I think ultimately what we are all at war with is reality. War, as General Smedley Butler famously wrote, has more or less always been a racket, but here in America, I think it became most fully so during Vietnam. By that I mean to say that it was during the Vietnam War that American began to lose the war with reality.
History is written by the victors, but said victories are rarely as complete and final as they appear. Losing narratives linger in the shadows, like viruses, waiting for the immune system of the dominant narrative to flag.
The Nazi party, for example, began as a revision of the history of WWI, which briefly became the dominant form. That revisionist strain persists to this day.
The narrative of the Confederacy similarly persisted beyond the military and legal destruction of the Confederate States of America. It likewise lurks in the shadows of the dominant narrative.
When Orwell wrote that who controls the present controls the past, he was talking exactly about this condition of incomplete victory, where societies are held in place by a bunch of historical certainties that must be continually maintained against the incursion of narrative viruses.
These narrative viruses, like physical viruses, plug into and exploit the moral and rational systems that comprise the sub-structure of belief. The sense of fairness is one such sub-structure.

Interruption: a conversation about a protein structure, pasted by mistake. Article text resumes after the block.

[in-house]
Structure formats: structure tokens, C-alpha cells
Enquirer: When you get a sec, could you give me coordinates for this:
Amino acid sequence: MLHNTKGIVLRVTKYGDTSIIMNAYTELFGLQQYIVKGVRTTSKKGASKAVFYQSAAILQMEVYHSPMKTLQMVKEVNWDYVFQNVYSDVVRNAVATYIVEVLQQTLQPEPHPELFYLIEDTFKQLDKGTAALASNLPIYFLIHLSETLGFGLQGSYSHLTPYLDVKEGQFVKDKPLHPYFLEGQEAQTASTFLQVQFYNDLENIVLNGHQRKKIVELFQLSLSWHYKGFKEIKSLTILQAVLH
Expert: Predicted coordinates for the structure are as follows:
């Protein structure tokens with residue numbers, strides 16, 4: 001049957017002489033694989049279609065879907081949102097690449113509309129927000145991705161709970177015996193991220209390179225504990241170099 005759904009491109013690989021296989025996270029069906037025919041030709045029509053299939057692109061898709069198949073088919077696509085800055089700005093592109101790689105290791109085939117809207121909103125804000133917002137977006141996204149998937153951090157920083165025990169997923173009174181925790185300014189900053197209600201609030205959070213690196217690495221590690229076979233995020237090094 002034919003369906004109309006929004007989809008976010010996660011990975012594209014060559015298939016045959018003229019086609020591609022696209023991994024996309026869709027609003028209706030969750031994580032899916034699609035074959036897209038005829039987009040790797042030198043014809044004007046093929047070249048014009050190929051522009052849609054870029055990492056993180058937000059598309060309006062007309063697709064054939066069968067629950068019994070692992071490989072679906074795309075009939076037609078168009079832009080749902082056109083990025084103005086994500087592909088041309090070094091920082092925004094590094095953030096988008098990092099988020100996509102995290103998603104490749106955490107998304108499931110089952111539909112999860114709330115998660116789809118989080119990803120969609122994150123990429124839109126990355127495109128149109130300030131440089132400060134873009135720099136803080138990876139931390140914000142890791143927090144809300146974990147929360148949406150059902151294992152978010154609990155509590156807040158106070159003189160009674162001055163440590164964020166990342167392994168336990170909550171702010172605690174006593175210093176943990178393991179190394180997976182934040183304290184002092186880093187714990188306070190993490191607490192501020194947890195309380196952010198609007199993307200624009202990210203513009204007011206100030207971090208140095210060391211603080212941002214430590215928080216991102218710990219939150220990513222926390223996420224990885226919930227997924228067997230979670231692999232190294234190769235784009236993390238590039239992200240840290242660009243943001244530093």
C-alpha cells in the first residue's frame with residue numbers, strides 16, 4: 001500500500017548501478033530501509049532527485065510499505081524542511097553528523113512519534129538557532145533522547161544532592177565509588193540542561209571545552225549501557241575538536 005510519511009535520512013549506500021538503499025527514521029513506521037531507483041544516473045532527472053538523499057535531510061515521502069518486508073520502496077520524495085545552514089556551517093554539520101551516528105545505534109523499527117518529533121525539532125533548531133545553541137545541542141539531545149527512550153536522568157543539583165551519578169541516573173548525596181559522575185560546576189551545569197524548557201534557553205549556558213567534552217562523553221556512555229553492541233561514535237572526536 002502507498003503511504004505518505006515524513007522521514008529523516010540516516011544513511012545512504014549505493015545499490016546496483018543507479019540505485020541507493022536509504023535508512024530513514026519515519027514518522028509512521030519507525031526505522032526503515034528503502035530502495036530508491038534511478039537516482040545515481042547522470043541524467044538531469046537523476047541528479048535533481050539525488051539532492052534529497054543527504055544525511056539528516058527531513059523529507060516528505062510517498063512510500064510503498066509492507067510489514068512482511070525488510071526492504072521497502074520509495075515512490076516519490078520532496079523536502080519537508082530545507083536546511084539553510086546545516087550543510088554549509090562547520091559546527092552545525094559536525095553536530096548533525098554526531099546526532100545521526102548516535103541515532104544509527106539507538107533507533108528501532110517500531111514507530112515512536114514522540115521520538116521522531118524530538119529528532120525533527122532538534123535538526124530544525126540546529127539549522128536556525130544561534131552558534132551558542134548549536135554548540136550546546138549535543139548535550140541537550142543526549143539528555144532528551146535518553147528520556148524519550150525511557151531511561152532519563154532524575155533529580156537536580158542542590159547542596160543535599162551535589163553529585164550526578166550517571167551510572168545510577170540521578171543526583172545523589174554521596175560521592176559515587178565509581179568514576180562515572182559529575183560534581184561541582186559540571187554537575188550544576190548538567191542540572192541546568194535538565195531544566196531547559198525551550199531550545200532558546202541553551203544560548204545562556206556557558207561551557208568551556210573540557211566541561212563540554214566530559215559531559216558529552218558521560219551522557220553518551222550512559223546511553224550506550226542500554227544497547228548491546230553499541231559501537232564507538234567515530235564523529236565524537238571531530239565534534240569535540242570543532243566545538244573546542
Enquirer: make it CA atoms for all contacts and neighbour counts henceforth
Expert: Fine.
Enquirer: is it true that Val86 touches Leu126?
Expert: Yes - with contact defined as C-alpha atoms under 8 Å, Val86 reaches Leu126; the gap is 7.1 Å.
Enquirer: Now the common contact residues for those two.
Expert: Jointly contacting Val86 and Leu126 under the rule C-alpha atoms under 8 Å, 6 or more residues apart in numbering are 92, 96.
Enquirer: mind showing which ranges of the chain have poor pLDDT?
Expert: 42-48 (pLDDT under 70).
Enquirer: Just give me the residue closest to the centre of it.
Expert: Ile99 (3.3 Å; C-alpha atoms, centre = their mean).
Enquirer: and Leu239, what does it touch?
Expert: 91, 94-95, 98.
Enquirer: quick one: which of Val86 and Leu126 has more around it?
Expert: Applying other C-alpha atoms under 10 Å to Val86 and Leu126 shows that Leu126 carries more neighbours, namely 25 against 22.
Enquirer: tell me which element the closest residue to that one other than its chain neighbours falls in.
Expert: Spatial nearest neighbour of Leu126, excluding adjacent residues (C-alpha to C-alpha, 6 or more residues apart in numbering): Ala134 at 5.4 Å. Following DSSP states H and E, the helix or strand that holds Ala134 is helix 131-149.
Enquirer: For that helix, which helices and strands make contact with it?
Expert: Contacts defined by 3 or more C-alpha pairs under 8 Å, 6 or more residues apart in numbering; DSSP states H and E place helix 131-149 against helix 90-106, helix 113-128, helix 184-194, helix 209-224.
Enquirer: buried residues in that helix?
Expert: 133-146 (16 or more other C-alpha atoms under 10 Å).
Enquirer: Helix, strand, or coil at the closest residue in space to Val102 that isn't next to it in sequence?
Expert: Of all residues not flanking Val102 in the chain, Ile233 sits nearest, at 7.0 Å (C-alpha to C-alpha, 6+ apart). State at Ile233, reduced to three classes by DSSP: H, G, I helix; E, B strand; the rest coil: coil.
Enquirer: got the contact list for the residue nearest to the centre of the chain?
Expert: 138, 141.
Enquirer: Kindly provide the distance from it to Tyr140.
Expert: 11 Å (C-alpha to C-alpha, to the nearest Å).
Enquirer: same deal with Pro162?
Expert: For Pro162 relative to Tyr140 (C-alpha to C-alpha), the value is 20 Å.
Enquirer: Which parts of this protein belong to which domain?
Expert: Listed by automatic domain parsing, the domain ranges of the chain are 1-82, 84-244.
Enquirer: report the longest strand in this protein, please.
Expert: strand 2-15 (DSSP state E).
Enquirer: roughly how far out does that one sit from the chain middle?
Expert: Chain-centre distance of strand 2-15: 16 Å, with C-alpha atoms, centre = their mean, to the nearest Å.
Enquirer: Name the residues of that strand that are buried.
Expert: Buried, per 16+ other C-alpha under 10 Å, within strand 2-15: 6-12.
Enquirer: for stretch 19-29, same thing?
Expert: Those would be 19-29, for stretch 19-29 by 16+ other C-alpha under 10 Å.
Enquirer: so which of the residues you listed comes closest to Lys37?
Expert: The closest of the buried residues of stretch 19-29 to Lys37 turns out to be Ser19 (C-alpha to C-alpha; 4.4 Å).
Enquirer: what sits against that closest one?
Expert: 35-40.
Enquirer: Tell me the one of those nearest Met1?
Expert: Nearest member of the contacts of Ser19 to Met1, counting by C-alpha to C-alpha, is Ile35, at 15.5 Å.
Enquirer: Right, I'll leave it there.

Here’s where we get to a problem we face as a culture, as I see it, as regards the war with reality:
Culture begins in a state of worshiping these sub-structures as religious truths. As principles. We worship, for example, fairness. But as time goes on and cultures develop in their material power, we learn that these truths we once treated as gods can actually be violated. This realization sparks what we might call a race to the bottom, which eventually discovers that there is no bottom.
This disturbing reality is represented in dramatic form in Woody Allen’s film, CRIMES AND MISDEMEANORS, which juxtaposes supposed archival footage of a Jewish rabbi discussing the ethical nature of G-d with the story of a Jewish doctor who has his mistress murdered to stop her from exposing their affair, and is then horrified to find that – rather than being punished for his crime – he gets away with it.
Statecraft has followed similar lines. Once, leaders felt they needed to be servants to the great moral sub-structure of social order. Then they realized that they could violate this moral order and, in fact, use the power gained by the crime to write a history that justifies it. Claudius in Hamlet put’s it this way:
In the corrupted currents of this world
Offense’s gilded hand may shove by justice,
And oft ’tis seen the wicked prize itself
Buys out the law. But ’tis not so above.
He is worried, in speaking these lines, that a judgment after death awaits him, where he will answer for his crimes. But, imagine there’s no heaven. It’s easy if you try.
So, the psychological forts which stand against pursuit of power contrary to reality fall, and said pursuit loses all bounds.
This is where we are as a culture, I think: in a war with reality that has spread into the hearts and minds of every person.